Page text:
Mozilla stirs netizens against US anti-piracy law

Dancing cats take-down threat


Mozilla is rallying netizens to take action against the proposed Stop Online Piracy Act (SOPA), otherwise known as the internet blacklist legislation.

Mozilla's urging people to spread the word about the damage SOPA - better known as known as H.R.3261 - could cause to the internet and free speech. As well as its Protect the Internet site, Mozilla has also hooked up with the Electronic Frontier Foundation (EFF) to encourage US citizens to lobby members of Congress about the dangers SOPA poses to the 'net.

Mozilla, whose Firefox browser renders around a quarter of web traffic, has also signed an open letter to members of the US Judiciary Committee poring over the bill. The letter was also signed by AOL, eBay, Facebook, Google, LinkedIn, Twitter, Yahoo! and Zynga. Google chairman Eric Schmidt also blasted the proposed law as "draconian".

That letter here [PDF] warned SOPA would "seriously undermine" the Digital Millennium Copyright Act (DMCA), from 1998, which safeguards websites that remove offending content in good faith.

It seems Mozilla is the only one of the letter's authors to have floated a website that actually urges action.

The letter Mozilla signed and its site come as members of the US Congress are due to conduct hearings on SOPA today, November 16, in Washington DC. In a rare display of Washington bi-partisanship, SOPA enjoys the support of members from both the Republican and Democrat parties. The bill is therefore expected to pass.

Mozilla's site warns that under SOPA whole sites could be blocked for carrying only a few infringing links; the ban would apply to a site's web, ad and search traffic using tactics Mozilla said are the same methods of censorship used by China, Iran and Syria.

The EFF, meanwhile, has warned SOPA is vague because it targets sites that "simply don't do enough to track and police infringement". A bill similar to SOPA, called the PROTECT-IP Act, has negotiated the US government's other chamber - the Senate. PROTECT-IP, EFF argues, takes a more targeted approach by aiming only at sites "dedicated to infringing activities".

Jennifer Mercurio vice President and general counsel of the US Entertainment Consumers Association (ECA), however, has warned here that both bills are dangerous to the internet. She argues they will end the "fair use" provision of content online, something protected by the DMCA.

This will, for example, bring an end to one of the internet's primary uses as a mechanism for posting embarrassing videos of people and pets "dancing" to samples of copyrighted music. Also, SOPA and PROTECT-IP will prevent gamers posting videos of gameplay from protected titles such as Call of Duty.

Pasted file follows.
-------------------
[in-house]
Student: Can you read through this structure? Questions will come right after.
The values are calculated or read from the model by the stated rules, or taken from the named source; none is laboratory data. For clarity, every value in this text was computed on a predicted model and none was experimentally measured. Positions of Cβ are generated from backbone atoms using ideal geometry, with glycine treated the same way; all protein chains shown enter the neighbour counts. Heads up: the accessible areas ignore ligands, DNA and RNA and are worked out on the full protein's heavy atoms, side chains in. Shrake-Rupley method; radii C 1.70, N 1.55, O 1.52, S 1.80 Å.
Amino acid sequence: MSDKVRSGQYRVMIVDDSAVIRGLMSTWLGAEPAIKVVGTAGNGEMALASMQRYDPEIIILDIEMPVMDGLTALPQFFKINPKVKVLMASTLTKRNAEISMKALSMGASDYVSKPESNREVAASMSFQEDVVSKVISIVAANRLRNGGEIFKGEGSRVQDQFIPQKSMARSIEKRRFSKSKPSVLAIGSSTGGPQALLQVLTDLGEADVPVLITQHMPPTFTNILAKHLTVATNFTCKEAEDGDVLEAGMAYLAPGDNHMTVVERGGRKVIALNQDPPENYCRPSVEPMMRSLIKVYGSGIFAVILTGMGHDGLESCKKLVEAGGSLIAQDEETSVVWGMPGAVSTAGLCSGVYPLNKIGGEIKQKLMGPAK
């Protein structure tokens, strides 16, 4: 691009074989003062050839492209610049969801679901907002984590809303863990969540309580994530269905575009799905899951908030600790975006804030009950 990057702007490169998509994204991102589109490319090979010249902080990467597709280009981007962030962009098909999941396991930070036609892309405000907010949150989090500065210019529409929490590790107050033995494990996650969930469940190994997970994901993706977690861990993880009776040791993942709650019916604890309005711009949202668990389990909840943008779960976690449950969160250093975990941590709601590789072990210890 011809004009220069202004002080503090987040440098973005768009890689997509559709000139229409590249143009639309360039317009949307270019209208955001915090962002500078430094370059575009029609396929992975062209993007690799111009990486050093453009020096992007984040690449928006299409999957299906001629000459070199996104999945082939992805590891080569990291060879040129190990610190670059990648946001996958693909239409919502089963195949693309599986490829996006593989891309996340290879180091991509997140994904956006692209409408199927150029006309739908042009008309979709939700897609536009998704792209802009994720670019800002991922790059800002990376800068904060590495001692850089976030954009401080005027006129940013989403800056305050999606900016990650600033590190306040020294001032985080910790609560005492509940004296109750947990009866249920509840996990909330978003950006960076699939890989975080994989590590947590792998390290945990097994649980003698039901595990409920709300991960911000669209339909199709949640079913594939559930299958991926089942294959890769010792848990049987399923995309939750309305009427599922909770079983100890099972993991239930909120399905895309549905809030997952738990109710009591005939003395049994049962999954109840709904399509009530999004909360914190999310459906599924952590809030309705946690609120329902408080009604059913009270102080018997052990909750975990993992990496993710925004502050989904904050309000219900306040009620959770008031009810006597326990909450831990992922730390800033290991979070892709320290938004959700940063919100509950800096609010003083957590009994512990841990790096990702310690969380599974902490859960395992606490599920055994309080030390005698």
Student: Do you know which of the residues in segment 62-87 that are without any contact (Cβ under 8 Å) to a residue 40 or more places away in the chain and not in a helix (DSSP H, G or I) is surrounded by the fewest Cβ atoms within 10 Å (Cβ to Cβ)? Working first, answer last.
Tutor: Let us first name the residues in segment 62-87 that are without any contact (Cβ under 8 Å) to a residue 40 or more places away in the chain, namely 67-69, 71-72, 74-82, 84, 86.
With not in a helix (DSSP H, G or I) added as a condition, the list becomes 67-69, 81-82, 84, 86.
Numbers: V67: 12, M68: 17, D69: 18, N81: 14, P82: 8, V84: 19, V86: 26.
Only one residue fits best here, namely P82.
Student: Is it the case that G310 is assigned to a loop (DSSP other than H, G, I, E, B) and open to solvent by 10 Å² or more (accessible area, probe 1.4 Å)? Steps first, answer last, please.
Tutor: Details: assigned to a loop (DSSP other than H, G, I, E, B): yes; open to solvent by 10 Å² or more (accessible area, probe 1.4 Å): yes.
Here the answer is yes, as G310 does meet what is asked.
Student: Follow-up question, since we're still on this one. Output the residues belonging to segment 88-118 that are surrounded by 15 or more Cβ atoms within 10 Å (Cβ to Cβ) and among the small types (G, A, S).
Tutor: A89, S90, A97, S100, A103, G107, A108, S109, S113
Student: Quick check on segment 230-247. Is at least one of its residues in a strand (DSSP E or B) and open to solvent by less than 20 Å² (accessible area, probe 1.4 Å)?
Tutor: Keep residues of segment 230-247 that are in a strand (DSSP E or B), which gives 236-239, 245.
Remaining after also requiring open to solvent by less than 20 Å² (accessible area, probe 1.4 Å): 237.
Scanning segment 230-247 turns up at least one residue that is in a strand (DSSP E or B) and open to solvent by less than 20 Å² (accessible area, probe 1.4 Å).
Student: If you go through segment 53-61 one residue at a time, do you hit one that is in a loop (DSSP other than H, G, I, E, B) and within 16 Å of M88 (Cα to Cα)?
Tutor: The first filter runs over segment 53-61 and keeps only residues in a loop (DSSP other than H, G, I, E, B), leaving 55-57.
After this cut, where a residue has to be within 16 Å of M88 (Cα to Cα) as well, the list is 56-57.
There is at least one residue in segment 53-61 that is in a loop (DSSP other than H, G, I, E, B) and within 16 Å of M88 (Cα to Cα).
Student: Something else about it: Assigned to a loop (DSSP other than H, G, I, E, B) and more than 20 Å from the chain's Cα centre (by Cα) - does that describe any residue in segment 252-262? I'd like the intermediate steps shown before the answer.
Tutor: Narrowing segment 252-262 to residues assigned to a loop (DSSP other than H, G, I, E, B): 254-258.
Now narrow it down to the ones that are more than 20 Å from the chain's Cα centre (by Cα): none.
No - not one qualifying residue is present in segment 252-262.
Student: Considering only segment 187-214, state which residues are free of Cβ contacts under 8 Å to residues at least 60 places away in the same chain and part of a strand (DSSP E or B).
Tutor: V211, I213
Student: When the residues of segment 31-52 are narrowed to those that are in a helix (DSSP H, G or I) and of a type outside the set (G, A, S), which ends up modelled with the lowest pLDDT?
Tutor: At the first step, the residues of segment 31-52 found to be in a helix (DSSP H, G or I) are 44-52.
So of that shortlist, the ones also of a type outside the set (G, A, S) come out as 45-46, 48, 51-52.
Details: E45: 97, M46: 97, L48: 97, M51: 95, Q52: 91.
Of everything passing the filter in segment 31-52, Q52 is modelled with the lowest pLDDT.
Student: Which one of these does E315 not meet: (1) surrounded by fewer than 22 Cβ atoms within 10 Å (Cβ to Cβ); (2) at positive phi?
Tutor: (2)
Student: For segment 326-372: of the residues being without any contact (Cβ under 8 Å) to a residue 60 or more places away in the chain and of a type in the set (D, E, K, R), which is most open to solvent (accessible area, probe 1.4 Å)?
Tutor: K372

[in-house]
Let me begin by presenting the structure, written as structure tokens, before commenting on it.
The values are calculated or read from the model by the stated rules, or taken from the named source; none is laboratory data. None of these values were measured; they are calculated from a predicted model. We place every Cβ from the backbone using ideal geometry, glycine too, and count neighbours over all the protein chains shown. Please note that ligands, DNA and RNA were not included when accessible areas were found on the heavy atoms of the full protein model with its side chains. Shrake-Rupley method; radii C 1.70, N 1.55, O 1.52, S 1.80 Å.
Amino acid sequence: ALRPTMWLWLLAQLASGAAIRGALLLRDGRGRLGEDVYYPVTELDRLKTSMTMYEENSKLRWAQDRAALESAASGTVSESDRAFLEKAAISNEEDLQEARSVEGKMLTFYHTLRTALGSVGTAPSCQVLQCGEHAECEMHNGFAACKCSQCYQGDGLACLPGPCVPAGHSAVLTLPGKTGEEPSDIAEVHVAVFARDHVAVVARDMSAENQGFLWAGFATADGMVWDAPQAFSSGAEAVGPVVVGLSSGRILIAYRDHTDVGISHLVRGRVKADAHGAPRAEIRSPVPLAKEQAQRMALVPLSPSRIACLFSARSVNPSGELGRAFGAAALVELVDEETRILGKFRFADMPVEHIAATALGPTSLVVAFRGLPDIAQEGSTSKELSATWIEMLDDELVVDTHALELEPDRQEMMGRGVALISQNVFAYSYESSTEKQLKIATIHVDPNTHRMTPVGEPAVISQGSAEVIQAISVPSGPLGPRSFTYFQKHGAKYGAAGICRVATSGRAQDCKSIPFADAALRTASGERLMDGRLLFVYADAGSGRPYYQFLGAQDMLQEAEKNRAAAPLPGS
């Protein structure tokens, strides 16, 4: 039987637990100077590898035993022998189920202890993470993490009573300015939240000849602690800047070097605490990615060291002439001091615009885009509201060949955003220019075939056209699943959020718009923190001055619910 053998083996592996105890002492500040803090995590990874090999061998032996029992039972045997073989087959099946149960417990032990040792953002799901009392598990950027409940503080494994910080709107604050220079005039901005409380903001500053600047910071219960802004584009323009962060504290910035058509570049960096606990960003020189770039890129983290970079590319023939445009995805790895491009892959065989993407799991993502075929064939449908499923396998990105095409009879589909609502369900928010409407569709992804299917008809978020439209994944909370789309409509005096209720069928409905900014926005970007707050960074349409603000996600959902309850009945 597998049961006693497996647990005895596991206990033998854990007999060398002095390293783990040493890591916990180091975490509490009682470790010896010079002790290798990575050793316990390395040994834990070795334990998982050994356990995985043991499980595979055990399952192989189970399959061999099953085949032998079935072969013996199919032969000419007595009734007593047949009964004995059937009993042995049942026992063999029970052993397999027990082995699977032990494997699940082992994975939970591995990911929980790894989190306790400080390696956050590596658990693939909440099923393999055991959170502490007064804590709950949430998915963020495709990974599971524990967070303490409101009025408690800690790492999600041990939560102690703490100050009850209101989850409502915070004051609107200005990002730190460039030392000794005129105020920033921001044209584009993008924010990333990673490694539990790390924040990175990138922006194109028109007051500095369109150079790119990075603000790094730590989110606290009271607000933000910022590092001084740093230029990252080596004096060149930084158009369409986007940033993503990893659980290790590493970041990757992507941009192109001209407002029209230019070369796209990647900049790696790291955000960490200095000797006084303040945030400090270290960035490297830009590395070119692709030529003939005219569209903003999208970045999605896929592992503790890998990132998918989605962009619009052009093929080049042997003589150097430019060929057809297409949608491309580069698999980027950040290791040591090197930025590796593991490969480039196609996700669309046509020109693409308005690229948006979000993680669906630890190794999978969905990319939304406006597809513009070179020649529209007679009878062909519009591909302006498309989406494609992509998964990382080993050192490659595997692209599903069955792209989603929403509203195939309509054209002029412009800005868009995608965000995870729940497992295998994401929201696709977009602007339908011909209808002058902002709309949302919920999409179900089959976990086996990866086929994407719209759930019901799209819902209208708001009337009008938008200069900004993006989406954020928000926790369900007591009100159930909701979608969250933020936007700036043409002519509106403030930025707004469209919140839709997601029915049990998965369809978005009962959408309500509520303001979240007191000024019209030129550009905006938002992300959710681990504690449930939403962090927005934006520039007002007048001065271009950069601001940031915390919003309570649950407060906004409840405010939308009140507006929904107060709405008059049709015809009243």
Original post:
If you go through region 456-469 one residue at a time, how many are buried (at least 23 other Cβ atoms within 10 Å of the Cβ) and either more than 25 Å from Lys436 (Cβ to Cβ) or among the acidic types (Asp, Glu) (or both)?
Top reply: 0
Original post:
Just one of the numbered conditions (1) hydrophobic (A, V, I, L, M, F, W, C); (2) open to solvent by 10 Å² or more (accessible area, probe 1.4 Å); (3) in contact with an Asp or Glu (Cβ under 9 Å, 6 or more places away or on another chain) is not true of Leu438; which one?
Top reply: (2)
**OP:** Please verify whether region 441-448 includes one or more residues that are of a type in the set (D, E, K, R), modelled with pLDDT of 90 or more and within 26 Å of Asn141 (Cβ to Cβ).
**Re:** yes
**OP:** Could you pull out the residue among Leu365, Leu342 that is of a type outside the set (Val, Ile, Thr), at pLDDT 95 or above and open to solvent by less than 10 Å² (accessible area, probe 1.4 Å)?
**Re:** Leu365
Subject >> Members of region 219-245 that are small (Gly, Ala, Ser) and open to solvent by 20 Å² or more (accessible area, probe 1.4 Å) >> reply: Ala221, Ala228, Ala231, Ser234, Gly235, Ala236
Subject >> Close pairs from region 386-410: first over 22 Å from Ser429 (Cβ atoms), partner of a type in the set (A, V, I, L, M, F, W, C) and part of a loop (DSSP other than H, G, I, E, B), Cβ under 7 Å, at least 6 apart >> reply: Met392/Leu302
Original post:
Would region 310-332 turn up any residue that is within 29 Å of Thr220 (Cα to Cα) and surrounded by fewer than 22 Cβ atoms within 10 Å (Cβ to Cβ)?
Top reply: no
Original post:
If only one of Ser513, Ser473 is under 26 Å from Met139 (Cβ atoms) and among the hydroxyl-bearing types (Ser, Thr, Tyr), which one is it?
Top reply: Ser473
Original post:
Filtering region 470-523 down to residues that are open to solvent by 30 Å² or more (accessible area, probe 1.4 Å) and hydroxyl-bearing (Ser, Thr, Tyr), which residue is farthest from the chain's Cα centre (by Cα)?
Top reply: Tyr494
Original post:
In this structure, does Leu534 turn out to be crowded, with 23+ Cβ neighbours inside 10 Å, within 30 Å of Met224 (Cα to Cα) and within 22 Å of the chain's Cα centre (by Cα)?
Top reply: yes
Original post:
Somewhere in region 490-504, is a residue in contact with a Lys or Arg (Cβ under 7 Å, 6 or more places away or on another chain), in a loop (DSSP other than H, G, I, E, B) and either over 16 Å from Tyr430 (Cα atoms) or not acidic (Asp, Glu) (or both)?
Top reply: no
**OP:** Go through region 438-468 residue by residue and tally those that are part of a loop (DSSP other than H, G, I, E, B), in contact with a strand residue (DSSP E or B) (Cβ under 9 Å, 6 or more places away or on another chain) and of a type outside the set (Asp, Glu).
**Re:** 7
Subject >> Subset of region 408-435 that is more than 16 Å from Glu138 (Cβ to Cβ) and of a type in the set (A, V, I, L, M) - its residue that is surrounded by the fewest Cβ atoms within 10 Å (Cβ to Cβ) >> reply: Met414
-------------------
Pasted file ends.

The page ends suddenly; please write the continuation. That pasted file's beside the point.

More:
PROTECT-IP went through the Senate earlier this year. It's likely given the way the US legislative process works that if SOPA is also passed by politicos, the acts will be combined to produce a single piece of legislation.

You can read SOPA here. ®


Other stories you might like

  • Tesla driver charged with vehicular manslaughter after deadly Autopilot crash

    Prosecution seems to be first of its kind in America

    A Tesla driver has seemingly become the first person in the US to be charged with vehicular manslaughter for a deadly crash in which the vehicle's Autopilot mode was engaged.

    According to the cops, the driver exited a highway in his Tesla Model S, ran a red light, and smashed into a Honda Civic at an intersection in Gardena, Los Angeles County, in late 2019. A man and woman in the second car were killed. The Tesla driver and a passenger survived and were taken to hospital.

    Prosecutors in California charged Kevin George Aziz Riad, 27, in October last year though details of the case are only just emerging, according to AP on Tuesday. Riad, a limousine service driver, is facing two counts of vehicular manslaughter, and is free on bail after pleading not guilty.

    Continue reading
  • AMD returns to smartphone graphics with new Samsung chip for your pocket computer

    We're back in black

    AMD's GPU technology is returning to mobile handsets with Samsung's Exynos 2200 system-on-chip, which was announced on Tuesday.

    The Exynos 2200 processor, fabricated using a 4nm process, has Armv9 CPU cores and the oddly named Xclipse GPU, which is an adaptation of AMD's RDNA 2 mainstream GPU architecture.

    AMD was in the handheld GPU market until 2009, when it sold the Imageon GPU and handheld business for $65m to Qualcomm, which turned the tech into the Adreno GPU for its Snapdragon family. AMD's Imageon processors were used in devices from Motorola, Panasonic, Palm and others making Windows Mobile handsets.

    Continue reading
  • Big shock: Guy who fled political violence and became rich in tech now struggles to care about political violence

    'I recognize that I come across as lacking empathy,' billionaire VC admits

    Billionaire tech investor and ex-Facebook senior executive Chamath Palihapitiya was publicly blasted after he said nobody really cares about the reported human rights abuse of Uyghur Muslims in China.

    The blunt comments were made during the latest episode of All-In, a podcast in which Palihapitiya chats to investors and entrepreneurs Jason Calacanis, David Sacks, and David Friedberg about technology.

    The group were debating the Biden administration’s response to what's said to be China's crackdown of Uyghur Muslims when Palihapitiya interrupted and said: “Nobody cares about what’s happening to the Uyghurs, okay? ... I’m telling you a very hard ugly truth, okay? Of all the things that I care about … yes, it is below my line.”

    Continue reading

Biting the hand that feeds IT © 1998–2022